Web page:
- Water Retention or Edema in lower body
- Episodes of black-out, low blood sugar or hypoglycemia
Since these symptoms are very commonly associated even with healthy pregnancy during the last trimesters, it is quite hard to confirm GDM without actual tests.
Frequent Hypoglycemia | Low Blood Sugar Episodes
Poor insulin response and unregulated blood sugar levels during pregnancy with diabetes may also put you at risk of hypoglycemia or low blood sugar level episodes.
If that happens, then you may struggle with frequent hypoglycemia symptoms:
- Drowsiness/ light-headedness;
- Difficulty speaking;
- Feeling weak/fainted – Blackout or passing out
- Blurred Vision
How to avoid hypoglycemia during Gestational Diabetes?
To avoid low blood sugar levels, you should always keep natural sources of glucose such as healthy snacks and stay hydrated. This is more relevant when you undertake exercise.
Here are few things that you can take:
- Handful of seeds with raisins or dates
- 3-4 glucose tablets (either dissolved in water or taken as such)
- 1/2 a cup of fresh fruit juice
- 1 cup of milk
- A teaspoon of raw honey
- Fresh coconut water
- A glass of lemonade
Development of Gestational Diabetes
Gestational Diabetes usually develops due to preexisting hyperglycemia (high blood sugar levels) and insulin resistance, which gets aggravated during pregnancy.
Here’s what happens!
- As the pregnancy progresses, the baby needs more and more support in the form of nutrients to develop and grow. To support this process, the placenta secretes multiple hormones such as human placental lactogen, progesterone, prolactin, and cortisol.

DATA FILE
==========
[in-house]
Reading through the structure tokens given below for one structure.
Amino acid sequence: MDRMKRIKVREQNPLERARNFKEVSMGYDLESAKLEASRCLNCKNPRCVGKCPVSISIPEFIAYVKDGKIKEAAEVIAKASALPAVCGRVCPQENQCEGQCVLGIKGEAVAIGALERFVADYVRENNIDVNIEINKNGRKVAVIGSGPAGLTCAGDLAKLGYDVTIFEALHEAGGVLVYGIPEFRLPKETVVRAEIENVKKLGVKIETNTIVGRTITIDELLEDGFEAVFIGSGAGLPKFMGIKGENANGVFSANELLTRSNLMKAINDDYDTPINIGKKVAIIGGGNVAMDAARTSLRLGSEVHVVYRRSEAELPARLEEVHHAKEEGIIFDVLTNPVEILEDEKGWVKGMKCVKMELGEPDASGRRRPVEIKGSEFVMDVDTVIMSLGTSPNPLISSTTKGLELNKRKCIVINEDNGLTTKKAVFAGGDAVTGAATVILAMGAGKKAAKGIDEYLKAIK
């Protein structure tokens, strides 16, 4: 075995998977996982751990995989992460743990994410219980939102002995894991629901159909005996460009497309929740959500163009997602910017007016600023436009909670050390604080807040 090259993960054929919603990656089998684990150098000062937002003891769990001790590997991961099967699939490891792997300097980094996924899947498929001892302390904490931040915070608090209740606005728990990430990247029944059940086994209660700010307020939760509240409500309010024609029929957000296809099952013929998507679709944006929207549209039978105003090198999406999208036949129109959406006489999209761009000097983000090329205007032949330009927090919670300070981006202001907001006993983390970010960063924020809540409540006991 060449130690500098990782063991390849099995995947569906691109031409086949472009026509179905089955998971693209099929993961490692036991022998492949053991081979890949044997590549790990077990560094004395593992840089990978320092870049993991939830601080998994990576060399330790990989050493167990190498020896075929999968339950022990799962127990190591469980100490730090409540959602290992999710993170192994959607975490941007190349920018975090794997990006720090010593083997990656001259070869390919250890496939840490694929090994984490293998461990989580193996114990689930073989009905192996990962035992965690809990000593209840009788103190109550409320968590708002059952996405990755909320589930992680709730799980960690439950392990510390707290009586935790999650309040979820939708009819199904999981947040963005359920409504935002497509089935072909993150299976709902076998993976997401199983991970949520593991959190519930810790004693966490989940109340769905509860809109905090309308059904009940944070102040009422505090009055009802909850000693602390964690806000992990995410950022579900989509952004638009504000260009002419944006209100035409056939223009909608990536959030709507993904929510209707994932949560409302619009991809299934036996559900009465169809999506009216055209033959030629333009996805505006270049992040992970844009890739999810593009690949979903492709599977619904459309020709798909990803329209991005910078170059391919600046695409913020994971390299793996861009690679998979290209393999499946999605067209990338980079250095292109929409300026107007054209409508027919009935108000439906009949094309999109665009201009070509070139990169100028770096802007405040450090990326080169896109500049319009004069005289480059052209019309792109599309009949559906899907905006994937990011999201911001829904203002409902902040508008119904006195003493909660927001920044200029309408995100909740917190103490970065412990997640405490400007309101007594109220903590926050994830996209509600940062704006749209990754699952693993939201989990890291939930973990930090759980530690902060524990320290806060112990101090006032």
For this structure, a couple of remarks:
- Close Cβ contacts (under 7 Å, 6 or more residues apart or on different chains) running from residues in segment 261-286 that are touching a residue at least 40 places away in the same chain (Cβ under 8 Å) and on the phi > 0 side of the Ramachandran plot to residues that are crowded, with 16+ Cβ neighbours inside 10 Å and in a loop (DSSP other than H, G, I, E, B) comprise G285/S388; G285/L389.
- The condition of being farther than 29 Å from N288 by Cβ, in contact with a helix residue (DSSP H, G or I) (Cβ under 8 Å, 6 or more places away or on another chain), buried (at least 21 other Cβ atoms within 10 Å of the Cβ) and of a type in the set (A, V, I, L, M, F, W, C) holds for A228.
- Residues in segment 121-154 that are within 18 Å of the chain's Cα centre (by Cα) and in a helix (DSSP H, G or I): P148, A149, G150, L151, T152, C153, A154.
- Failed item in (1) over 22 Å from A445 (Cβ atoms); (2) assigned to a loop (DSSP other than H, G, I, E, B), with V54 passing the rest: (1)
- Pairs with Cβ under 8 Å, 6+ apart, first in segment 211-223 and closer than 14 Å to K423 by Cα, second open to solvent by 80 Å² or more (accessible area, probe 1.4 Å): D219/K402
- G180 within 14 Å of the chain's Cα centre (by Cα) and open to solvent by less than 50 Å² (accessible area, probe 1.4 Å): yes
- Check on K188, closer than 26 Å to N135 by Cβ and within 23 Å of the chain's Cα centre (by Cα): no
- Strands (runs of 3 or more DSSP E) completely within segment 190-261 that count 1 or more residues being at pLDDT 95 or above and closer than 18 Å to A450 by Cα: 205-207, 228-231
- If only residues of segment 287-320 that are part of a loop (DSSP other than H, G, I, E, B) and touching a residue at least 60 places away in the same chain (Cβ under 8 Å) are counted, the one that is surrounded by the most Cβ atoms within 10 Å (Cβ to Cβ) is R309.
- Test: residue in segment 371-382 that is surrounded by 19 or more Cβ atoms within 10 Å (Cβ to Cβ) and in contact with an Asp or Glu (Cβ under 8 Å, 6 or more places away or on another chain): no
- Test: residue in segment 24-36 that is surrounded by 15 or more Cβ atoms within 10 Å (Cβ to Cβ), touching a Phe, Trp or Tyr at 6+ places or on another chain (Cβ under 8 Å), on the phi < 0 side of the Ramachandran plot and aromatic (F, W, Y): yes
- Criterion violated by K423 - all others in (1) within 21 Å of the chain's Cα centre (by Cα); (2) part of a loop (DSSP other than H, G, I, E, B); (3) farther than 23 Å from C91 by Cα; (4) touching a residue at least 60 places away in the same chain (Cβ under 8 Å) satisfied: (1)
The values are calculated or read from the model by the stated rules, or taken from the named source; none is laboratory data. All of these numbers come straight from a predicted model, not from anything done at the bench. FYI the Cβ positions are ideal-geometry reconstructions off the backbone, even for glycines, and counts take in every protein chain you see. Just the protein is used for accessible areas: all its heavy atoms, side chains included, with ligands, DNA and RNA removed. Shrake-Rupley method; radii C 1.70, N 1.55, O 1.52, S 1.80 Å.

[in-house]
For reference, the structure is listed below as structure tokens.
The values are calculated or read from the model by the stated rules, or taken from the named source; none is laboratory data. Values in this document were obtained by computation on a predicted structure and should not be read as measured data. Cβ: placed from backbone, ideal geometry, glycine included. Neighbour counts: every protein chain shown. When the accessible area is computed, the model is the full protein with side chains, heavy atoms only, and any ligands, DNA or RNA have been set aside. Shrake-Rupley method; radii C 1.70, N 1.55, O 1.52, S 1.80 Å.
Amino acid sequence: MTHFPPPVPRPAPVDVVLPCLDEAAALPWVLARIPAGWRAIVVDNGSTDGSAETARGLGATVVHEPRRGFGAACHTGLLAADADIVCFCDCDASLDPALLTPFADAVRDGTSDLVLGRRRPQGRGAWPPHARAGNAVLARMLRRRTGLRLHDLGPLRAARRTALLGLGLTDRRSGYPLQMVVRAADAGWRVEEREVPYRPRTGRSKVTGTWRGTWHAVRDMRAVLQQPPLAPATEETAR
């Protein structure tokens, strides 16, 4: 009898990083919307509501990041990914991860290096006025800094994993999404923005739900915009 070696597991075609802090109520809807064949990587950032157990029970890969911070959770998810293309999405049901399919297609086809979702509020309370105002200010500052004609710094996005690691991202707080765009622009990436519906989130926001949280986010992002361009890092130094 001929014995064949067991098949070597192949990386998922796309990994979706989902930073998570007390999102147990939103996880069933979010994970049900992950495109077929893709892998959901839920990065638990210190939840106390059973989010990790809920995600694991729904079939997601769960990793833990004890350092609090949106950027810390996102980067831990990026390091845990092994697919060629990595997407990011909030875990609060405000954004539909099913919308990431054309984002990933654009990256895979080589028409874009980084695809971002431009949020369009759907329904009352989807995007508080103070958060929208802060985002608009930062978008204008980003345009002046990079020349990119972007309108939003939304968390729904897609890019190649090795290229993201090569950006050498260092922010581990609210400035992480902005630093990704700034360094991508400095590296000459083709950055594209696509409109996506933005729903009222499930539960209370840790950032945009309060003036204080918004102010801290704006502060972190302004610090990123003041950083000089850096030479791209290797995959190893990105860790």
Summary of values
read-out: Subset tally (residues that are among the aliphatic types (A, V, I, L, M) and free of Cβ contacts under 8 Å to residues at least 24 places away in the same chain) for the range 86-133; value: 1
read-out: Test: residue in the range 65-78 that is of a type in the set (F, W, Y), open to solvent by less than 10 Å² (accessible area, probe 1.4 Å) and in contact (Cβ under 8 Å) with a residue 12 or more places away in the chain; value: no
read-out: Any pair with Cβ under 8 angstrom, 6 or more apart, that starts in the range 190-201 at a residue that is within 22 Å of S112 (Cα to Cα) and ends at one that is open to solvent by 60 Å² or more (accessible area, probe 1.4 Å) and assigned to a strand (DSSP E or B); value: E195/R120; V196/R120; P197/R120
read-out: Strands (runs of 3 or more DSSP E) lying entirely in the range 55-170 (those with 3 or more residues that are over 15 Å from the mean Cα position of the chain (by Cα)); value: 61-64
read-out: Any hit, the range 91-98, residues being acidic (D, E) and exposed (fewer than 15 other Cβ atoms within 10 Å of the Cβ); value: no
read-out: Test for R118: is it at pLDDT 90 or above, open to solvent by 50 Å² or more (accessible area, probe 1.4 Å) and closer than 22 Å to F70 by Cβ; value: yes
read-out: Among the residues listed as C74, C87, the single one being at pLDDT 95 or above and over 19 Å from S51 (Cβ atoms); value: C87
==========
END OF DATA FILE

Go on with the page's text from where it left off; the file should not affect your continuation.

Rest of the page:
- These hormones can often disturb the function and level of insulin (another hormone by pancreas) in a mother’s body. She may develop temporary high insulin levels and or insulin resistance.
- As a result of temporary insulin resistance, mother may also develop glucose intolerance and high blood sugar levels. This is termed as gestational diabetes.
- Now, as the level of placental hormones increases during the last phase of pregnancy, mostly women develop gestational diabetes at that time. Hence, the test for diabetes in pregnancy is done in the 24-28th week in pregnancy.
Who is at Risk of Pregnancy with Diabetes?
Every year, around 2% and 10% of women are diagnosed with gestational diabetes, with 4 million women in India alone. Over the past decades, both the incidence and ratio of pregnancy with diabetes has increased.
Here are some of the factors that can increase your risk for gestational diabetes: